5. Having heard Mr. Sahni, we are of the view that the appeal deserves to be dismissed. As noted above, the CIT(A) in his order has, it appears, examined the matter in detail. After examining matter in detail it is quite evident that the discrepancy, if at all, out of the seventy (70) investors ultimately veered around to ten (10) investors. Even out of the ten (10) investors, six (6) entities/persons had made deposits in the year prior to the assessment year in issue. The remaining four (4) persons, who had made deposits in the relevant assessment year, i.e., assessment year 1998-99, had furnished details with respect to the deposits, and also acknowledged the fact that since then, money had been returned to them. The fact that these investors had received interest, and that tax had been deducted at source, is also noted in the order of the CIT(A). These findings of the CIT(A) have not been impugned before us. As has been noted in CIT(A)’s order the exercise carried out by the A.O. was so ad hoc that in his enthusiasm he forgot to give credit even for those deposits which, according to him, were genuine. These were deposits pertaining to sixteen (16) persons who had responded to the summons issued by him. These deposits, as per the CIT(A)’s order amounted to Rs. 7,40,000, which the A.O. for some curious reason had thought fit to include in the total addition made in the income of the assessee amounting to Rs. 46,40,978.

6. In so far as the assessment year in issue is concerned, we are not made any wiser as to which specific entry the A.O. had found fault with, given the fact that names of the depositors were known. It has to be borne in mind that while making an addition under Section 68 of the Income Tax Act, 1961 (in short ‘I.T. Act’) the A.O. has to advert to each and every entry and not pick up a couple of entries, as in the present case, and label the entire set of deposits made during the assessment year as undisclosed income of the assessee. As noticed above, the discrepancy appeared qua four (4) credits, which were answered suitably to the satisfaction of the CIT(A); therefore, it is not understood how the A.O. could make an ad hoc addition of Rs. 46,40,978.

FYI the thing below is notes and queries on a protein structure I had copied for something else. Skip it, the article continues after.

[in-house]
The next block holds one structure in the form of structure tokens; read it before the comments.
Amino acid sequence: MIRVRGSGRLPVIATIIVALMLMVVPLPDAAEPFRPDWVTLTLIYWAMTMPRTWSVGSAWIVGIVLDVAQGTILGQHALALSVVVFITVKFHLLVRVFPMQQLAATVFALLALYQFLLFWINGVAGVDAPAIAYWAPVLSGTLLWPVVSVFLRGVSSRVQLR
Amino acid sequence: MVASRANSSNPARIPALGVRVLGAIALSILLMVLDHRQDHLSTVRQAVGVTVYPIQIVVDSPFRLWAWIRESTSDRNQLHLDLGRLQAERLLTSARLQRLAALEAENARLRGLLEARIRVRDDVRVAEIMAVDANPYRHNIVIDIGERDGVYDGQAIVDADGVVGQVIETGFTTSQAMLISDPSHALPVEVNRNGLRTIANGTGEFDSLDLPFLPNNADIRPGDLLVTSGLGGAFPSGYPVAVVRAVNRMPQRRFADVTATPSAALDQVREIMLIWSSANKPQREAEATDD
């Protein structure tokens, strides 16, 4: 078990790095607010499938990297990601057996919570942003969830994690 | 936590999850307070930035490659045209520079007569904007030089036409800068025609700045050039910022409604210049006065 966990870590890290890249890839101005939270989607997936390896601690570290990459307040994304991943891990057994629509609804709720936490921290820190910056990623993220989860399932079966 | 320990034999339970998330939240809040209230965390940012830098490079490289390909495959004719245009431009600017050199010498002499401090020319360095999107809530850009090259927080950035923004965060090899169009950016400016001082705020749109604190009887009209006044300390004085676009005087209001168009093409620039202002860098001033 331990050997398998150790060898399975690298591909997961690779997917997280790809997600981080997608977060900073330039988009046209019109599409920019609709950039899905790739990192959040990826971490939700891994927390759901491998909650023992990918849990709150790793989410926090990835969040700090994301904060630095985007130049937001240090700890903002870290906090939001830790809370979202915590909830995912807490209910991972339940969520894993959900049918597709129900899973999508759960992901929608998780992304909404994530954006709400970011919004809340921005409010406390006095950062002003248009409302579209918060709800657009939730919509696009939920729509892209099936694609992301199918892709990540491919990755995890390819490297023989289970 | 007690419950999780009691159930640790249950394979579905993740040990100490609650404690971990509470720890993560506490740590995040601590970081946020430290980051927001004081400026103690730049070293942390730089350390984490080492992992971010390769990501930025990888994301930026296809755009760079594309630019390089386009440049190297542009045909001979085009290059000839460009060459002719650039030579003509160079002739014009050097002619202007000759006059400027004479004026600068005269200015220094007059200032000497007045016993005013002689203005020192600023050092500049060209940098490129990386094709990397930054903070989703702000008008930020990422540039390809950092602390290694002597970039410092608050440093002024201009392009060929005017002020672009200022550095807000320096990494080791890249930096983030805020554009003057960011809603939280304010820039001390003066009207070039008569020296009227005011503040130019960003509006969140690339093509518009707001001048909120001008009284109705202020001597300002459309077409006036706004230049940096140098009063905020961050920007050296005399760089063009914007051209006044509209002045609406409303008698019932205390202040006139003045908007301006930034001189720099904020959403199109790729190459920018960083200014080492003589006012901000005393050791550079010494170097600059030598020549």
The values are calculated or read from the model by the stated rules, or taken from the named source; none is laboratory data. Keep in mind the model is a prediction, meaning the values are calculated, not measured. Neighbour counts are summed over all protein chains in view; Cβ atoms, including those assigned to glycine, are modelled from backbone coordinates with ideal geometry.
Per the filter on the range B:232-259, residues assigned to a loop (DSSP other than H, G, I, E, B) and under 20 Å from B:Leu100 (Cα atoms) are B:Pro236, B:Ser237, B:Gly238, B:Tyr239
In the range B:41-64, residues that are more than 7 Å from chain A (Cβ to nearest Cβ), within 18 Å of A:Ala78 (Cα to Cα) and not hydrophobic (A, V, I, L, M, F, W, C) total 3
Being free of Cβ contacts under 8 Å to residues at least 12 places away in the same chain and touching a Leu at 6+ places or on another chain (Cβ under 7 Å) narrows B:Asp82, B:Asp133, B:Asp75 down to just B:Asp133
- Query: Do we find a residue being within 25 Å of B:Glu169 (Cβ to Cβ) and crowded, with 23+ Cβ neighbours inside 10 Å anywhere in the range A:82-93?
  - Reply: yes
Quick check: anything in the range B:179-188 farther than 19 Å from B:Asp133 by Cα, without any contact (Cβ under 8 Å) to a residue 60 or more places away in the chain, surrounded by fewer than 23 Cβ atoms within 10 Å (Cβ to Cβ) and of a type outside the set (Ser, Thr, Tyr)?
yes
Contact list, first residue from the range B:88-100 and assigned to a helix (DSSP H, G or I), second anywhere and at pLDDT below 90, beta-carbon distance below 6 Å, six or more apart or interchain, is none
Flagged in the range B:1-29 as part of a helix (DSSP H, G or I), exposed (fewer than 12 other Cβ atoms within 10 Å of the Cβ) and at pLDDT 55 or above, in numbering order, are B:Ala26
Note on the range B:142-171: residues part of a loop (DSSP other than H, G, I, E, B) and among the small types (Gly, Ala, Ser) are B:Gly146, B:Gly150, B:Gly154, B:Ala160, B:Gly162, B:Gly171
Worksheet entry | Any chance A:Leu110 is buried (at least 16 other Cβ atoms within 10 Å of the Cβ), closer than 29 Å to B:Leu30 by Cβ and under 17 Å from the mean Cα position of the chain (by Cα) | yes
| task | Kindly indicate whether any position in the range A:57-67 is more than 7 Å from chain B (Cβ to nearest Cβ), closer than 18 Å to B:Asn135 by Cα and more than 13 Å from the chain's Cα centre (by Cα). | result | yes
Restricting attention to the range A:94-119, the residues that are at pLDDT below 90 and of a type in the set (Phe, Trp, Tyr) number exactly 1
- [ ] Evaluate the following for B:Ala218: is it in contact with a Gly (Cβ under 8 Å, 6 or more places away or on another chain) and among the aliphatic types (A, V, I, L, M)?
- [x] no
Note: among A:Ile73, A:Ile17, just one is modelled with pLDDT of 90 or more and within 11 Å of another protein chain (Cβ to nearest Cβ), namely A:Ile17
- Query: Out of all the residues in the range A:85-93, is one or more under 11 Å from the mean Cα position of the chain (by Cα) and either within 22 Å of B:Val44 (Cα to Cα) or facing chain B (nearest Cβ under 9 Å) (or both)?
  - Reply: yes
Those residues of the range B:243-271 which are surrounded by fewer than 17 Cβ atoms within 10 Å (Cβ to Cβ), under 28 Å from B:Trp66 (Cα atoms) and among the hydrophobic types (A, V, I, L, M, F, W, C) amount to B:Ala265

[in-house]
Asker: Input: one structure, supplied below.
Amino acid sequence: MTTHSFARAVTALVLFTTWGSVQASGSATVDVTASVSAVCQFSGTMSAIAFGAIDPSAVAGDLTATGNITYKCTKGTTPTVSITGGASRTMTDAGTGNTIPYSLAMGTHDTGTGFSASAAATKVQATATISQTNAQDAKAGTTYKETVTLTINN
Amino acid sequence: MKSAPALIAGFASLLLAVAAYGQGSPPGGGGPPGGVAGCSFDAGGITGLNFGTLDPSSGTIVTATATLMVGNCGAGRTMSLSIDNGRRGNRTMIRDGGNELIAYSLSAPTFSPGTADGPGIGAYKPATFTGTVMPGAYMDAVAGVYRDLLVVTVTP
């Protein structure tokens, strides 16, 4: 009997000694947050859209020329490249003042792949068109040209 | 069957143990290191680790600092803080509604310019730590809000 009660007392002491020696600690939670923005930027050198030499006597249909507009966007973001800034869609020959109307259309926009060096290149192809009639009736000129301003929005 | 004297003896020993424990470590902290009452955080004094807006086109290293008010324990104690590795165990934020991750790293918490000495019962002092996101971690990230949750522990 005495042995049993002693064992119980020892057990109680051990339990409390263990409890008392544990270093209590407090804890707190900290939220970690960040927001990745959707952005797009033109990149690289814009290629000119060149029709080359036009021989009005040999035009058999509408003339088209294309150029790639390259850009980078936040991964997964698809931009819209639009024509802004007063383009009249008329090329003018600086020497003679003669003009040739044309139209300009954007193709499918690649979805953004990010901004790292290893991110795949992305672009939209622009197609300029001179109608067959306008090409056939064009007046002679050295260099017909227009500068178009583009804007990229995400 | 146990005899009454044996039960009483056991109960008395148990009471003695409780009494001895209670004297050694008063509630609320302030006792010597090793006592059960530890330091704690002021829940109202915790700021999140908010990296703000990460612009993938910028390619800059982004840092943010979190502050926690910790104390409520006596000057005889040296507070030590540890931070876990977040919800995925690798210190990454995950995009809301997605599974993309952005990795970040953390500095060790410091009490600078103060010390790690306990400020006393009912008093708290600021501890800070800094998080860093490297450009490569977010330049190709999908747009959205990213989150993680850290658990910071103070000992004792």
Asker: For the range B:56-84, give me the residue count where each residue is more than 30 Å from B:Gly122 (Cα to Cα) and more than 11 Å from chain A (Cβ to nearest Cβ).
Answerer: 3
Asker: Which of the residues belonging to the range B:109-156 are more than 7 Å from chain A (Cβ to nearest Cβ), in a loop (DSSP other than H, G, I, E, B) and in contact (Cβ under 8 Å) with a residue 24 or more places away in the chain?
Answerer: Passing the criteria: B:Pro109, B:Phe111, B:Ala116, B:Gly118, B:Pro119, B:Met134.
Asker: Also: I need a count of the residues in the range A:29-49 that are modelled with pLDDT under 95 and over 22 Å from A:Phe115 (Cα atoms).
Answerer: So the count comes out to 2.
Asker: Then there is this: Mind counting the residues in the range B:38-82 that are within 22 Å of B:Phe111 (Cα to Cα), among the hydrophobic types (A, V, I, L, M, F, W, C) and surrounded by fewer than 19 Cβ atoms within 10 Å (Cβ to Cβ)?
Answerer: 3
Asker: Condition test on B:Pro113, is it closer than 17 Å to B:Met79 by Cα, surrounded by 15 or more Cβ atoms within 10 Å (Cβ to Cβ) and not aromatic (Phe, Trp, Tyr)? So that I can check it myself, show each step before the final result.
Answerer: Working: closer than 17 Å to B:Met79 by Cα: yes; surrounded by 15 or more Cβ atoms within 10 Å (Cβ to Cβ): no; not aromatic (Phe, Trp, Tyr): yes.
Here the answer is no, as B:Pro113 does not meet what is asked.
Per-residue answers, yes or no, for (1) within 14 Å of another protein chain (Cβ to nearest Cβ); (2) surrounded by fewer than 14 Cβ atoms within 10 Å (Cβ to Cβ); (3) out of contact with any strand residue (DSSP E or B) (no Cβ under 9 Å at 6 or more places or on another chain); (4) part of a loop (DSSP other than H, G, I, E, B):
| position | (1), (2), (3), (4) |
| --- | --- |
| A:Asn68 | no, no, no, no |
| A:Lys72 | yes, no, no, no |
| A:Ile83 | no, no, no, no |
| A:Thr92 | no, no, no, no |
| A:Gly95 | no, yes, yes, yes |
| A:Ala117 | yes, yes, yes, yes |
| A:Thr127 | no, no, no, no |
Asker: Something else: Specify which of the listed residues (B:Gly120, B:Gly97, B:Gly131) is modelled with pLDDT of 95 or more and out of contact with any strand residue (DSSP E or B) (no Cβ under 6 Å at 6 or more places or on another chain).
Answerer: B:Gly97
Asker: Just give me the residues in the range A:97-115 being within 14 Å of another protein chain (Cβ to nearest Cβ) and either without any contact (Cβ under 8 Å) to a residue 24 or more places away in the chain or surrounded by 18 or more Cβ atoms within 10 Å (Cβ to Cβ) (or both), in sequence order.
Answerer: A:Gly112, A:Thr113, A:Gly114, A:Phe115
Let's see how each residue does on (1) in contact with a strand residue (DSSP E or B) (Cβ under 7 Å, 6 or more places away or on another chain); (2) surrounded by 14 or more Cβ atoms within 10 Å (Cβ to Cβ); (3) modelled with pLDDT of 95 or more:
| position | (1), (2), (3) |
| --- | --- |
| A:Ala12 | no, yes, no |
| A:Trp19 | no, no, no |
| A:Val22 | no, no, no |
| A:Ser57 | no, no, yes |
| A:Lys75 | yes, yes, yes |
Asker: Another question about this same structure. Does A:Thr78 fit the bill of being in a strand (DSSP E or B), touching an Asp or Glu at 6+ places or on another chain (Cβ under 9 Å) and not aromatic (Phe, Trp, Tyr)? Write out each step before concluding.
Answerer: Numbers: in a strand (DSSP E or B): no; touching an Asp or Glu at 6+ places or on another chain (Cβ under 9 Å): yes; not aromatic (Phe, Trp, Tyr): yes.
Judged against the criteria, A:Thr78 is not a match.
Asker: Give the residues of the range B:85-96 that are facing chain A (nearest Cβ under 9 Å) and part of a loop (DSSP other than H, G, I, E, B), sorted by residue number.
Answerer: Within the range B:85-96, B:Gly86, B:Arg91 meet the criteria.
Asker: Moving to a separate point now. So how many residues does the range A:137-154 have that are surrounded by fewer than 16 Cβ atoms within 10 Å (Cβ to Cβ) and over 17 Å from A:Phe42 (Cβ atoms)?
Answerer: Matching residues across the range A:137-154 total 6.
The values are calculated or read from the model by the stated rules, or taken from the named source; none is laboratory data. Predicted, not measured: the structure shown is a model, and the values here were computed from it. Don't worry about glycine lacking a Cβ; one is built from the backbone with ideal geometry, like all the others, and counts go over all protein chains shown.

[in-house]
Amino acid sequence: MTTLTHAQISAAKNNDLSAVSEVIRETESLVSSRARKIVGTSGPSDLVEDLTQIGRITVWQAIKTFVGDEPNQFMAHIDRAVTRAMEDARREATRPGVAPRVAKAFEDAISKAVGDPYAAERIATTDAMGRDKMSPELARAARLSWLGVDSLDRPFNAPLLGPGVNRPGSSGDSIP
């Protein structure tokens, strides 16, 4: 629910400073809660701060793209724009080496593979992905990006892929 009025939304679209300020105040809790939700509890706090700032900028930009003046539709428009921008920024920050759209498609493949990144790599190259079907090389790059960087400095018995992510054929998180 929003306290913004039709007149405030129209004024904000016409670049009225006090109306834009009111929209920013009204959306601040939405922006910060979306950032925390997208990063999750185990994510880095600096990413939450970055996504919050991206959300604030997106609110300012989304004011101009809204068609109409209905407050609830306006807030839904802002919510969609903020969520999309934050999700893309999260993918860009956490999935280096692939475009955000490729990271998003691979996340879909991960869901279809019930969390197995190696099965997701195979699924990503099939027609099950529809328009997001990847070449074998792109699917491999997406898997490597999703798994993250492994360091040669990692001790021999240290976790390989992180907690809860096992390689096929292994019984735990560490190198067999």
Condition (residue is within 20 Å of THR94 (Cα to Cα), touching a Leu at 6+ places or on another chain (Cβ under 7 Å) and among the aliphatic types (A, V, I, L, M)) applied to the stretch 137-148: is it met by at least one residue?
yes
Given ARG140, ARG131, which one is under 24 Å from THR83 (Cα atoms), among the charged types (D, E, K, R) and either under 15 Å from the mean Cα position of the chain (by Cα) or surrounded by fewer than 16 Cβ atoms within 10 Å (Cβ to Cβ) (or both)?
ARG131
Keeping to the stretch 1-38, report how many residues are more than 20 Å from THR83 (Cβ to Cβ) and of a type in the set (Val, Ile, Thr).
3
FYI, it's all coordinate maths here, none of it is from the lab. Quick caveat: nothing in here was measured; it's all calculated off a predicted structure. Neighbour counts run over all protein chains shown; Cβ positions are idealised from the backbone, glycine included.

7. The Tribunal, in our view, has correctly appreciated the position in law which is that when an unexplained credit is found in the books of account of an assessee the initial onus is placed on the assessee. The assessee is required to discharge this initial onus. Once that onus is discharged, it is for the revenue to prove that the credit found in the books of accounts of the assessee is the undisclosed income of the assessee. In the circumstances obtaining in the present case, in our view, the assessee has discharged that initial onus. The assessee is not required thereafter to prove the genuineness of the transactions as between its creditors and that of the creditors’ source of income, i.e., the sub-creditors [See Nemi Chand Kothari v. CIT [2003] 264 ITR 254/[2004] 136 Taxman 213 (Gauhati) and judgment of this court in IT Appeal No. 1158 of 2007 Mod Creations (P.) Ltd. v. ITO [2011] 13 114 (Delhi).

8. The Tribunal is the final fact finding authority. The Tribunal appears to have been satisfied with the quality of the evidence placed before it. We find no perversity in the findings, notwithstanding the stray sentence in its order pertaining to service of depositors. In these circumstances, we are not persuaded to upset the findings returned by the Tribunal. In our view no substantial question of law arises for our consideration. The appeal is, accordingly, dismissed.

[Citation : 354 ITR 296]